At 31 years old, Udrih will play a younger version of the role vacated by retired guard Jason Kidd, as a second or third point guard alongside full-time starter Raymond Felton and Pablo Prigioni, whom the Knicks also did well to bring back for two more years at the same $3.25 million they offered World Peace.
Although he's significantly younger than Kidd, Udrih brings nine years of solid NBA experience to New York, during which he averaged 8.2 points, 3.6 assists, and just 1.5 turnovers per game.
Udrih fails to offer a solution to the Knicks' problem of lacking a point guard that can stop the ball defensively. And the Yugoslavian guard shot only 40.8 percent in 27 games for Orlando after being traded from Milwaukee last year.
But he also scored 10.2 points while handing out 6.1 assists, with just two turnovers during that stretch. And over his career, he's shot a respectable 46.2 percent from the field overall and a decent 35.2 percent from 3-point range.
To get that type of productive player as a third point guard who earned over $7 million last season on a one-year deal worth just over $1.27 million next season, is about as economical as it gets to improve a team's bench.
When labeling the re-signing of J.R. Smith a bargain, it should be noted, in fairness, that it was Smith's own poor play against Indiana in last season's Eastern Conference semifinals, as well as his penchant for late-night clubbing before playoff games and his inability to keep from getting suspended (for an elbow to Boston's Jason Terry), that kept Smith's own market value down.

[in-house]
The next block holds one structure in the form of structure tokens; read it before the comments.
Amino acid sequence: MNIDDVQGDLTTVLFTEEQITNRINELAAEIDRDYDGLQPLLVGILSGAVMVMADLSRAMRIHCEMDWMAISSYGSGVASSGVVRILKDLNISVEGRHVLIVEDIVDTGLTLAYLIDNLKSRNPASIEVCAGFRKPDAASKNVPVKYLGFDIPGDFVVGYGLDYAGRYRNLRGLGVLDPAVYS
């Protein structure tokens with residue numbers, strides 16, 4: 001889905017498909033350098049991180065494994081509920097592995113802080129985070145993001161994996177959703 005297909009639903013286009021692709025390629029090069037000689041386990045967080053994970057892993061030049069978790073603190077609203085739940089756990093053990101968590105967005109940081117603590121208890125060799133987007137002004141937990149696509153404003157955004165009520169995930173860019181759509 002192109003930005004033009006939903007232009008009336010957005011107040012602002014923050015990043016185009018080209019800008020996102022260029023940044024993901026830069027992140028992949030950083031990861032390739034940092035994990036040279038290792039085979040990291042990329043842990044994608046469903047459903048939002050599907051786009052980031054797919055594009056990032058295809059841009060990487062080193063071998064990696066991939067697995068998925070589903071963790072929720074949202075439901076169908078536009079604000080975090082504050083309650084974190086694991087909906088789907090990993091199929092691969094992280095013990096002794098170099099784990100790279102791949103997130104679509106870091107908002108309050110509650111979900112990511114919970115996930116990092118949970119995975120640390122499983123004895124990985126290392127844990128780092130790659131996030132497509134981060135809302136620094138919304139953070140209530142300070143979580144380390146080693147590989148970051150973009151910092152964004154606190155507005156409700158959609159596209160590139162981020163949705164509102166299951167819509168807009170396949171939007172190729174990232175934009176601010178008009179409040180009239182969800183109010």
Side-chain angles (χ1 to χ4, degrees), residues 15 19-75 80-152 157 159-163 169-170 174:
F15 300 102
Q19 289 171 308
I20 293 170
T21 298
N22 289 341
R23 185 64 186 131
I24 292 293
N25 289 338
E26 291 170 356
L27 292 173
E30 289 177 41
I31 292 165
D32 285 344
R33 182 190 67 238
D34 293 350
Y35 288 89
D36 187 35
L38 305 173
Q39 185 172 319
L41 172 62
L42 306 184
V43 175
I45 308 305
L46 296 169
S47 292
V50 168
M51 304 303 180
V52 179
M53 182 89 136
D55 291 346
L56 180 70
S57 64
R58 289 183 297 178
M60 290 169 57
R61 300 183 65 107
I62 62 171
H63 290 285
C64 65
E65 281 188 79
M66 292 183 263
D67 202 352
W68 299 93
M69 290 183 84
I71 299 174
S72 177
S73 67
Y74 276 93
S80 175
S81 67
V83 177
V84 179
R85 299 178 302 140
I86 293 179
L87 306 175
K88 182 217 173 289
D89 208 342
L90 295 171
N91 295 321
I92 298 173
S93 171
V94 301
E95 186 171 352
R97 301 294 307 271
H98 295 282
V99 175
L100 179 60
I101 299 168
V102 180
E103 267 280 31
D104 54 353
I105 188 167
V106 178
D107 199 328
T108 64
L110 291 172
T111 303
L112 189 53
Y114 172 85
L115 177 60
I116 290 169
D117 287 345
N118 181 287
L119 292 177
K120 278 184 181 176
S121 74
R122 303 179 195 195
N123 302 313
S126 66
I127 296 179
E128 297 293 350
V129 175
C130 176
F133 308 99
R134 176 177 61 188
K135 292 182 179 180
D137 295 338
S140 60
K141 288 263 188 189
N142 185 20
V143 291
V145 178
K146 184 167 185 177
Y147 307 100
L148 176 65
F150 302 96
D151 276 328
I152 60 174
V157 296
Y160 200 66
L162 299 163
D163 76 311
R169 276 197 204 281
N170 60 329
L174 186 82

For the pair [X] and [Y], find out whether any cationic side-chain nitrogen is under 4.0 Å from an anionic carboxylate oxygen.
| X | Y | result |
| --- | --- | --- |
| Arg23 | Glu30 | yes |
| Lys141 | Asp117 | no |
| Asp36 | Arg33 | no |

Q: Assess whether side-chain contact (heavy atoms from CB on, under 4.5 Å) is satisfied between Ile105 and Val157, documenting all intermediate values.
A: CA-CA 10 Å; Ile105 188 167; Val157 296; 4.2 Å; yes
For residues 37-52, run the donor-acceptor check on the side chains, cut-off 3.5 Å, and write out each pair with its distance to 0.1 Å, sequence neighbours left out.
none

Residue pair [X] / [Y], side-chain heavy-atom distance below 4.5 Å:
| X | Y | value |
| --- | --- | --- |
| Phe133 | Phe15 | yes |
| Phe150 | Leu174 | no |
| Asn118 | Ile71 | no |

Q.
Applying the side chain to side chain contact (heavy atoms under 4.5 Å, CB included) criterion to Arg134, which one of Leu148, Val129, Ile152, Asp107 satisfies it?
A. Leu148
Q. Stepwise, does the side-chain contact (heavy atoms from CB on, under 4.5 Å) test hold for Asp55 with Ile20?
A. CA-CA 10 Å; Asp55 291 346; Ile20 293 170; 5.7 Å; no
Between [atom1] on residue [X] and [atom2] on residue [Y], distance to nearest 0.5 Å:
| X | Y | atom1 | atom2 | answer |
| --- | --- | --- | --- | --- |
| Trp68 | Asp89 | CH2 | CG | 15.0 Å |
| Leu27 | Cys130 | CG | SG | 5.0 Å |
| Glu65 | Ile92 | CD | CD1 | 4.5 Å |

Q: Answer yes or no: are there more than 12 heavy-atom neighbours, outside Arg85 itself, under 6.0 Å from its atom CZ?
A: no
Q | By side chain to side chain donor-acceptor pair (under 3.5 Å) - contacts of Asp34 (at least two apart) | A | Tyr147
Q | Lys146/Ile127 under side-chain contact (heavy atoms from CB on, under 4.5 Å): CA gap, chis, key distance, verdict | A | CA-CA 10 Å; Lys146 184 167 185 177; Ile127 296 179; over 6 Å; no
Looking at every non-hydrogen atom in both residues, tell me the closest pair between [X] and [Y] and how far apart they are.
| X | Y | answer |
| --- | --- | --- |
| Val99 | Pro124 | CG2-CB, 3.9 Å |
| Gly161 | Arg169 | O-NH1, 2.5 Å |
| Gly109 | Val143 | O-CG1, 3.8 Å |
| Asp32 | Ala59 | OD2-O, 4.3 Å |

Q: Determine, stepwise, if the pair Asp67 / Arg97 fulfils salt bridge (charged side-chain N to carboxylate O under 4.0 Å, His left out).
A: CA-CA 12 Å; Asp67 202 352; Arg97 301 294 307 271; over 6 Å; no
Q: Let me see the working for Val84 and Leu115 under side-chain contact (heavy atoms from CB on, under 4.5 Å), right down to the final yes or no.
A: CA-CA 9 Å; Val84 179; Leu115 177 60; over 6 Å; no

That said, Smith is the NBA's reining Sixth Man of the Year, and he was a major factor in helping New York to its first division title in 19 seasons.
And considering the fact that Smith had career highs of 18.1 points and 5.3 rebounds last year, the Knicks did very well to get their second-leading scorer back for just under $18 million over three seasons, especially when comparing that deal to that of a player like O.J. Mayo (15.3 points, 3.5 rebounds per game last season), who joined Milwaukee as a free agent for three years and $24 million.
Jeremy Tyler and C.J. Leslie
If a team can find one useful piece in the NBA Summer League, it's a success. To find two players in Las Vegas who could very well give New York significant minutes in its frontcourt was a boon.